Addiction is a serious problem in the UK, with 268,251 adults listed as in contact with alcohol or drug services between April 2018 and March 2019. As the festive season approaches, these addictions are felt more keenly by addicts for a number of reasons.
Both Christmas and New Year can be a struggle for those suffering from an active addiction or recovery as at this time of year many events involve alcohol such as work Christmas parties or seeing in the New Year. Staying on track can be particularly difficult for those in recovery with the festivities and excitement surrounding the holiday adding further temptations. That being said this time of year has a greater chance of an addiction coming to light as more time is spent with close friends and family.
The four most common addictions suffered by people in the UK are also the ones which are the most difficult to deal with during the festive period. These are:
Studies have shown that alcohol consumption across the UK rises considerably over Christmas, with the British public expected to consume as much as 5.7bn units of alcohol during the festive period. When quizzed on their reasons for the excessive drinking during this time, responses ranged from “It’s Christmas” to “Everyone else was drinking”, underlining the intense social pressure related to drinking during this time.
Christmas is also a time when there is more pressure to feel at ease socially and be present for social situations that you otherwise may not take part in, such as an office party or large family gatherings. Many people use alcohol as a way to manage anxiety and stress in these situations. Recreational drugs are also used to the same effect, particularly in younger age groups.
Whilst addiction can be harder to handle over the holiday period, it is quite a good time to approach a loved one if you are worried that they are struggling with an addiction. During this time the whole family is together, and everyone has more time off from work and other commitments to focus on each other. People tend to feel more emotionally connected during this time and, with the new year approaching, people are more open to big life changes.
Before you approach a loved one about their addiction, it is best to plan your intervention carefully.
What Services To Consider
There are a huge range of addiction and recovery services available in the UK, and different options are more suitable for different types of people. A residential rehabilitation centre may be the best option for those suffering from a serious addiction that they have lost all control over, whilst day centres and drop-in clinics are better for those already in recovery or who require a little support with problem drinking. Ask yourself, about your loved one:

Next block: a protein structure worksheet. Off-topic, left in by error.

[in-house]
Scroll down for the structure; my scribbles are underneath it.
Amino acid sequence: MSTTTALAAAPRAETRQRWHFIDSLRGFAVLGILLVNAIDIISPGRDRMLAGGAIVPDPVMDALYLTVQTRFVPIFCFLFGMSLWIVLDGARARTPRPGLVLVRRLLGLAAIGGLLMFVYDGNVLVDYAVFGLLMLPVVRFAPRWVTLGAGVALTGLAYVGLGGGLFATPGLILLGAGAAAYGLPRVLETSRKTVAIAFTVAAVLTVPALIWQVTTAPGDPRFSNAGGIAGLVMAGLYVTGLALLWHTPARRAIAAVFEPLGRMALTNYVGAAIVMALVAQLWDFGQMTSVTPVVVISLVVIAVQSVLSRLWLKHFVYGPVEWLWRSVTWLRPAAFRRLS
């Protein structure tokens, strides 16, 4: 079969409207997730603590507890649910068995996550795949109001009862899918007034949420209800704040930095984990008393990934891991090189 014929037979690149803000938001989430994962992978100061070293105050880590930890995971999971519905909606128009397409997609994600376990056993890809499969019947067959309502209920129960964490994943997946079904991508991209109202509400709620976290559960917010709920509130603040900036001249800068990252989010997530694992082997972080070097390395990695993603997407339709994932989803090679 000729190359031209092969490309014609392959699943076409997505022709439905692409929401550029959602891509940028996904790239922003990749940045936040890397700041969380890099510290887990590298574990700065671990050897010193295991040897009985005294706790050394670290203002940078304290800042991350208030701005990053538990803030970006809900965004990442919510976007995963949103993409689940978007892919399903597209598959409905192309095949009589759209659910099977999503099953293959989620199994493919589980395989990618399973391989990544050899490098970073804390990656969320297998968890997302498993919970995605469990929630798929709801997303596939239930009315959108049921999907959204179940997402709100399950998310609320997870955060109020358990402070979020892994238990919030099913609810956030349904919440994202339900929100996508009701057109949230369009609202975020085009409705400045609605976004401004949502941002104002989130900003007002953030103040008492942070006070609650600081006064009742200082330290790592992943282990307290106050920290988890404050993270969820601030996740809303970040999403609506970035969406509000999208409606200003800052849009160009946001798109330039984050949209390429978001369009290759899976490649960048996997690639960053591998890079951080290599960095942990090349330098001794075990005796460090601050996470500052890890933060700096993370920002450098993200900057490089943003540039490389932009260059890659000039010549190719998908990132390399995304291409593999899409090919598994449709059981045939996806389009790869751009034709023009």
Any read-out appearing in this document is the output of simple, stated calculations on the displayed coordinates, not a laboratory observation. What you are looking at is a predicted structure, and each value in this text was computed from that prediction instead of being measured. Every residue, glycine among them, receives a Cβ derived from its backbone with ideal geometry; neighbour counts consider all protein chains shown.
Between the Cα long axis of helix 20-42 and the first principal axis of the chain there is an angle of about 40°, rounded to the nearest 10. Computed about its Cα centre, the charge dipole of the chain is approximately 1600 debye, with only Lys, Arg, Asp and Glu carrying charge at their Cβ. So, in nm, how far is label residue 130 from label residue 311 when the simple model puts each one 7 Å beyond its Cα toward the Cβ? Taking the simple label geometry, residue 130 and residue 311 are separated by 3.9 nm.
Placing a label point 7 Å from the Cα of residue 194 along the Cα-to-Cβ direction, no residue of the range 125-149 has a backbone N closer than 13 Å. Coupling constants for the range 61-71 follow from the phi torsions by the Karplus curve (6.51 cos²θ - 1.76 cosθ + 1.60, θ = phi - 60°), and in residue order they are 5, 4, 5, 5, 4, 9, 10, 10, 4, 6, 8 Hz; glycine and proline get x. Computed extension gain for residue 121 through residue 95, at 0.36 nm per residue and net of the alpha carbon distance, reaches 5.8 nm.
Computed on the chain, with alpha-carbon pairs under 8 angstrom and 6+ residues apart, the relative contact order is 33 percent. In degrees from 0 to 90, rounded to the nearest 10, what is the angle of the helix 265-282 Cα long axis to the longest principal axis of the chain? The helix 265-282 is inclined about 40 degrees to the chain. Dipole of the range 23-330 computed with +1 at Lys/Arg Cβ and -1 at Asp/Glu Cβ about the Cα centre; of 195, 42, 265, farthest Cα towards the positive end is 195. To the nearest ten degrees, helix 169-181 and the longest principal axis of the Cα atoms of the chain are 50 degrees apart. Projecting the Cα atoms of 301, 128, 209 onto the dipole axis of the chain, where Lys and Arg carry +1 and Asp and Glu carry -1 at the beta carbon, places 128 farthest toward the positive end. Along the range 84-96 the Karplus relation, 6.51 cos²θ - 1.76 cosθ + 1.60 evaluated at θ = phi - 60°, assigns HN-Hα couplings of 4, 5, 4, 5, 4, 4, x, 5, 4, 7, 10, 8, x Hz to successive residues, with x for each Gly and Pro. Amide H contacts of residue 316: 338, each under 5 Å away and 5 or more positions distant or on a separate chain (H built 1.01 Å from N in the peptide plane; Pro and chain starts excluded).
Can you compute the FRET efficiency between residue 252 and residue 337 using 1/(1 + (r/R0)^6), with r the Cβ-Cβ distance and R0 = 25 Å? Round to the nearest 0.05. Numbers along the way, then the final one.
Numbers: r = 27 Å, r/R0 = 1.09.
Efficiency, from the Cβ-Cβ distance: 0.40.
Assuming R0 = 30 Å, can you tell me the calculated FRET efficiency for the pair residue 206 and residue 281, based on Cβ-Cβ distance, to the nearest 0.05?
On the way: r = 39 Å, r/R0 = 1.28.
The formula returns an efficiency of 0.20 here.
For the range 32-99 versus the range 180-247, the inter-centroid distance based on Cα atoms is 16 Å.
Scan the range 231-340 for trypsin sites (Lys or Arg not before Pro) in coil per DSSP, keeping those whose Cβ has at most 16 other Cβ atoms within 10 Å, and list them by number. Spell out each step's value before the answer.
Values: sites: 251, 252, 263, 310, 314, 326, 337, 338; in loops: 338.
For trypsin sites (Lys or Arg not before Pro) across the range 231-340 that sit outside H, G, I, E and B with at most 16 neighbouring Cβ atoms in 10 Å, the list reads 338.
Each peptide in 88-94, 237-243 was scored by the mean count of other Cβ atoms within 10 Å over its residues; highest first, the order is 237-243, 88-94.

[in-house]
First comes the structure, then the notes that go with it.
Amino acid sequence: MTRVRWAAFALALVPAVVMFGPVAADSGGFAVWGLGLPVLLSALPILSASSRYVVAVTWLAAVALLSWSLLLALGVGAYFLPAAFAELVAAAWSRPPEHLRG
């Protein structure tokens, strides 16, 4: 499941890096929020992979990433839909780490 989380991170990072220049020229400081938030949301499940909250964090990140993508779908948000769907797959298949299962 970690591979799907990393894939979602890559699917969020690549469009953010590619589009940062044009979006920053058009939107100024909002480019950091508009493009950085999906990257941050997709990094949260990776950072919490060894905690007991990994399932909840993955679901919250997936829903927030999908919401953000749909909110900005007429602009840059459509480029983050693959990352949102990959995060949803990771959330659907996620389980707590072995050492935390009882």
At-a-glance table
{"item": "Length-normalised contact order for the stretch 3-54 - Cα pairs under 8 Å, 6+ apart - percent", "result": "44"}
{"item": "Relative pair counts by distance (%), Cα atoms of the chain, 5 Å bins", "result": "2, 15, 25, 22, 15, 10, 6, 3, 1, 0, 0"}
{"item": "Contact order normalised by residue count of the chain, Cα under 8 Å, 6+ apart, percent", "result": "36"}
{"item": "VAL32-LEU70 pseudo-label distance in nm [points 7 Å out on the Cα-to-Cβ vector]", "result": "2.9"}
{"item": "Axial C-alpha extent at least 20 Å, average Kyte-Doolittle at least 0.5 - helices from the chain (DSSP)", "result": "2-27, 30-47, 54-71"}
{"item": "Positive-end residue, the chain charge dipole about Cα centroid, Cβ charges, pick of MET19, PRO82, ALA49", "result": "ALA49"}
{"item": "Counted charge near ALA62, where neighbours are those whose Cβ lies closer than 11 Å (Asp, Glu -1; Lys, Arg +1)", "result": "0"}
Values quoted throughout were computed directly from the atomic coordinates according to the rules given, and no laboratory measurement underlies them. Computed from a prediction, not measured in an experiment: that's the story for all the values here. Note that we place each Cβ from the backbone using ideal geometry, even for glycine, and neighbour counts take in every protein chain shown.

•What addictions are they struggling with?
•Do they have any mental health problems which also need to be treated?
•Does detox pose a physical risk? (If they are a long-term alcoholic or drug user they may require round the clock medical care to ensure safe detoxification)
•Do they suffer from chronic pain?
•Have they attempted rehab before and failed?
The type of treatment you look into for your loved one will impact your answers to these questions, ensuring that you have chosen the right option for their specific addiction and personality.
Think About The Practicalities
It is all well and good getting your loved one into rehab so that their addiction can be dealt with, but chances are that they have a number of life responsibilities that they can’t just walk away from.
Treatment over the festive period is a good idea because they will usually have some time off from work anyway, and the family is together to handle things like looking after children and pets. However, you need to think about how this is going to be dealt with if their rehab goes on for longer than the holiday.
Work together with other family members, your loved one’s employer and so on to ensure that all of these issues are ironed out before you move onto the next step.
Get Others Involved
You can’t and shouldn’t have to deal with an intervention on your own. In fact, it is far more effective to have a number of friends and family who agree with you and want to help your loved one. These people can also help to fund rehabilitation and offer practical help as listed above.
Contact A Rehab Centre
There is no point approaching your loved one about their addiction if you have nowhere for them to go. The intervention process can be fraught and emotional and, if you convince your loved one to go into rehab, you have to act quickly so that they don’t change their mind.
Speak with Cassiobury Court first. We will be happy to work with you to secure a place in our rehabilitation centre, and then give you any advice and support you need to proceed with the next step.
Prepare For Their Stay
This may feel uncomfortable, preparing your loved one for rehab without telling them that this is happening, but it is best to have thought of everything so that you can all move quickly after an intervention.
Pack a bag, book transport, or decide who is going to take them to the centre. Cassiobury Court can help you to get everything ready, as we offer round the clock support for addicts and their families. Anything you can do to make the transition as smooth as possible will help, particularly over the Christmas period.
Stage Your Intervention
Try to do this when everyone is together but avoid days like Christmas Day or New Years Day as these may become uncomfortable triggers for the addict in the future thanks to the emotion tied to them. Once you are all together make sure that everyone has their opportunity to say what they want to to the addict, but keep it loving and compassionate.
Cassiobury Court can be reached on 01923 369161 or you can text HELP to 83222 to get your loved one started on their rehab journey.